This paper is divided into four sections. The first section provides the socio-political context for understanding wage disclosures in company accounts. Such disclosures were first required by the Companies Act 1967 (now part of the Companies Act 1985). It is noted that the wage disclosures required by the state were primarily concerned with the pursuit of macro economic policy objectives rather than any concerted concern to highlight or reduce wage inequalities. The second section shows how the information about wage inequalities can be extracted from published company accounts to estimate the wage differentials between the highest wages and the average wage paid by a company. It also draws attention to the limitations of the information published in company accounts. The third section shows that despite its limitations, the information disclosed in the company accounts can be used to highlight increasing wage inequalities and thus foment potentialities for change. Our data show that the wage differentials are at the highest in companies that are significant employers of women and young persons. The fourth section provides a summary and also engages with the criticisms that due to the incompleteness of data the resulting analysis of wage inequalities is of little use.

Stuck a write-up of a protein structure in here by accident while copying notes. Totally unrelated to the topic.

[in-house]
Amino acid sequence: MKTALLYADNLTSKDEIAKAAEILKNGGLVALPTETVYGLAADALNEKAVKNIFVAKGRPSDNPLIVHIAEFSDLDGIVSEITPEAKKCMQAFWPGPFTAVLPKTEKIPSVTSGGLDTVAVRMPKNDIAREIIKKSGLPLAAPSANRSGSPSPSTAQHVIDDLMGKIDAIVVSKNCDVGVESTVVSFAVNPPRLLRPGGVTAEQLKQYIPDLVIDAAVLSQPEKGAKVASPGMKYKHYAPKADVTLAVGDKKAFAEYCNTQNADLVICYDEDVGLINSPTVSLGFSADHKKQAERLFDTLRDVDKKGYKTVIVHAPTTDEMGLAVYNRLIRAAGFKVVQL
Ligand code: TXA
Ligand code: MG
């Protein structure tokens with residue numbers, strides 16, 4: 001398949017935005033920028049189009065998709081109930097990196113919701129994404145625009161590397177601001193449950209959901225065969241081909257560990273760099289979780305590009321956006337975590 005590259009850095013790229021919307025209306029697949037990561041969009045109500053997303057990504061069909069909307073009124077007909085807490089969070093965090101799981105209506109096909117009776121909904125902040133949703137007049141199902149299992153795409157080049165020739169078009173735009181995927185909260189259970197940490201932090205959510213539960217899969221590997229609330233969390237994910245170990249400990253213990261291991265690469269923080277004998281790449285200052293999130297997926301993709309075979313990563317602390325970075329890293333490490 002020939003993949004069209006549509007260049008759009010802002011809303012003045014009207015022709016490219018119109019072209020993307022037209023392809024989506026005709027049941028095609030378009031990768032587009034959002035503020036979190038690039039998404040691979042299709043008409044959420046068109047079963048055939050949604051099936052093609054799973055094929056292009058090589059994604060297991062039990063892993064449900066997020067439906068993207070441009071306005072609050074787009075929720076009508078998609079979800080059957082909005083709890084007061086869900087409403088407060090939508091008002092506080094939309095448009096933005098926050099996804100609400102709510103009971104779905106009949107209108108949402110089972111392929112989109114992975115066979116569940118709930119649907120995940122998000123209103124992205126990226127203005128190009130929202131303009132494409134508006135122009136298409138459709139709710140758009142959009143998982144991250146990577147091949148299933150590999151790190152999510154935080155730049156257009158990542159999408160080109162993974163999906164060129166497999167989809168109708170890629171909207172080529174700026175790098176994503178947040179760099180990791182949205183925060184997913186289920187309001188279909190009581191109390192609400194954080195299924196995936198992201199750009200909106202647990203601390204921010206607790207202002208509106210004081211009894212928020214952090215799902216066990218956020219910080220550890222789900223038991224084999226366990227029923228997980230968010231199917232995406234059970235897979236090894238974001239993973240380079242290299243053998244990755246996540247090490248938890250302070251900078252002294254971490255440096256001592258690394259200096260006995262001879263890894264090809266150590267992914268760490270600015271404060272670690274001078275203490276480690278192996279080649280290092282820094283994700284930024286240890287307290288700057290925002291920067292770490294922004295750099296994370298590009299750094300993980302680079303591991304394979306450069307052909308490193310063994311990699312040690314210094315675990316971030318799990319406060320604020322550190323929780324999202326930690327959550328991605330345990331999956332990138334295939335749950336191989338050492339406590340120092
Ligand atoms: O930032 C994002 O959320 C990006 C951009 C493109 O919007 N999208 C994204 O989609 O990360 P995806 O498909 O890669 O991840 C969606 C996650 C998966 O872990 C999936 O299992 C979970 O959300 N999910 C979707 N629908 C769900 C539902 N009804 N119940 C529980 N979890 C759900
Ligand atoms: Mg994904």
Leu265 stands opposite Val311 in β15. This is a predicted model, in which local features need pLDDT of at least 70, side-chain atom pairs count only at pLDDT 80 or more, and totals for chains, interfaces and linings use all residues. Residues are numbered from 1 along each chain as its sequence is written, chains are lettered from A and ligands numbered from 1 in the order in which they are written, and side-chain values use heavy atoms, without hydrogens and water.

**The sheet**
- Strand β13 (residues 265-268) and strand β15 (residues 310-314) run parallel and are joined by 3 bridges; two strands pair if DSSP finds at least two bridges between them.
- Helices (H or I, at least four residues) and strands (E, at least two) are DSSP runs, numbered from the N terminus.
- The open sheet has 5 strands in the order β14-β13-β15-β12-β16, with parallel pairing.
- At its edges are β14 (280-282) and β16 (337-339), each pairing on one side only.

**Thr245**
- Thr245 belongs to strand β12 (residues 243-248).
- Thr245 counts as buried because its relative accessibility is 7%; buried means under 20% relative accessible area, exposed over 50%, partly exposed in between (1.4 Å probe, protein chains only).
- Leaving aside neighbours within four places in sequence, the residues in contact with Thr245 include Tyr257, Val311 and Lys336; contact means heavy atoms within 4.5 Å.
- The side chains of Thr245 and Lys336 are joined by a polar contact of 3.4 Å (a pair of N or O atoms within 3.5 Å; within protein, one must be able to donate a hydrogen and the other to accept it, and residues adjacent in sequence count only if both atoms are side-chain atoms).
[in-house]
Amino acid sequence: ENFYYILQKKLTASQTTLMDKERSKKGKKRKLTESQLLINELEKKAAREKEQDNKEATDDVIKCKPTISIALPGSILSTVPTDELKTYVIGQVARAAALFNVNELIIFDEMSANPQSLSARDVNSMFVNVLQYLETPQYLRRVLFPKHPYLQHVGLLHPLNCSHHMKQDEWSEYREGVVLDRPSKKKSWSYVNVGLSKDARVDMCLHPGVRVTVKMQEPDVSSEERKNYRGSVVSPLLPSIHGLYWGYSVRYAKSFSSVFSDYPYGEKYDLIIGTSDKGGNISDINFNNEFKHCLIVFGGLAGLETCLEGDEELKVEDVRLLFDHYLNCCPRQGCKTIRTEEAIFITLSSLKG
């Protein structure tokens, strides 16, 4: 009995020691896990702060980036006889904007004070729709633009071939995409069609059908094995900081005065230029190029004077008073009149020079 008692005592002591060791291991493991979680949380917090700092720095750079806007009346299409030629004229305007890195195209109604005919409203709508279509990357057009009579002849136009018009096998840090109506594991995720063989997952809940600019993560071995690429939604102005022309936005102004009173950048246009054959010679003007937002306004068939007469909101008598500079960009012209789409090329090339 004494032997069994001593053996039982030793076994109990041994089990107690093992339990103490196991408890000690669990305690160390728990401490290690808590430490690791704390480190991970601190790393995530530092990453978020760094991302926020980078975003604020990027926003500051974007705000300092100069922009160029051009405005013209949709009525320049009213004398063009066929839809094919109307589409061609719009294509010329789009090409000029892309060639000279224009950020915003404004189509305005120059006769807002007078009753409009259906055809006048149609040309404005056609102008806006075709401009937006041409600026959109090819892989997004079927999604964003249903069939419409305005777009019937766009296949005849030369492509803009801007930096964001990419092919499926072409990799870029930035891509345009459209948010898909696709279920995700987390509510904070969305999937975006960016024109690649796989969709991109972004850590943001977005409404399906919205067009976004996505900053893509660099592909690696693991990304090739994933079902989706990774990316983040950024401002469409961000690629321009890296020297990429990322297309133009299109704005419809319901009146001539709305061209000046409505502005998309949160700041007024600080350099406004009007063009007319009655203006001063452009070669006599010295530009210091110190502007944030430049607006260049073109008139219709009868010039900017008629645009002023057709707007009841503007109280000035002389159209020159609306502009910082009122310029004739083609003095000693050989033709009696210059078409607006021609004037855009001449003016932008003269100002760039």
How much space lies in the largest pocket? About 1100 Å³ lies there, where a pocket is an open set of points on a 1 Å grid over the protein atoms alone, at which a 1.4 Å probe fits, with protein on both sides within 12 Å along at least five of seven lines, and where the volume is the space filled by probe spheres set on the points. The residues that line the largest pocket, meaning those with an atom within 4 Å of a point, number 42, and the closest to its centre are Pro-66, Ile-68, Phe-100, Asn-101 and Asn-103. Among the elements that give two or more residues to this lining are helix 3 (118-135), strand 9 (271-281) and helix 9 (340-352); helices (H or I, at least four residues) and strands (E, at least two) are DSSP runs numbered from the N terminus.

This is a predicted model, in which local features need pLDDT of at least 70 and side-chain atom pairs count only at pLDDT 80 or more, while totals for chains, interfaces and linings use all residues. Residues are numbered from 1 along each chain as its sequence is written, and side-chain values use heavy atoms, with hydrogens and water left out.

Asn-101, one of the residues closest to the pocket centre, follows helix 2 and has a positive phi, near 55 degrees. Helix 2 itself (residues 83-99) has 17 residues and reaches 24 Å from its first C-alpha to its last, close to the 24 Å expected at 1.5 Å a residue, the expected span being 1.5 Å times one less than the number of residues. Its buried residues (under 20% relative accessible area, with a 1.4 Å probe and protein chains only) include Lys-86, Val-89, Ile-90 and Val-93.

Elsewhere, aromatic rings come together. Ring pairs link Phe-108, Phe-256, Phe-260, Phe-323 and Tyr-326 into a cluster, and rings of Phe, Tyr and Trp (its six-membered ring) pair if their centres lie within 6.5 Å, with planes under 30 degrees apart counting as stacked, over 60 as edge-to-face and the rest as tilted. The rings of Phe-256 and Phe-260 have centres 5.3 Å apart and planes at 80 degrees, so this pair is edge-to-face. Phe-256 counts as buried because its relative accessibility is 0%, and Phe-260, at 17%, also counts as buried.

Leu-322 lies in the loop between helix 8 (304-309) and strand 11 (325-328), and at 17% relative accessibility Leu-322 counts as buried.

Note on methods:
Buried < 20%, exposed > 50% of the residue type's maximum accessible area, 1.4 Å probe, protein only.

Wage disclosure: the sociopolitical context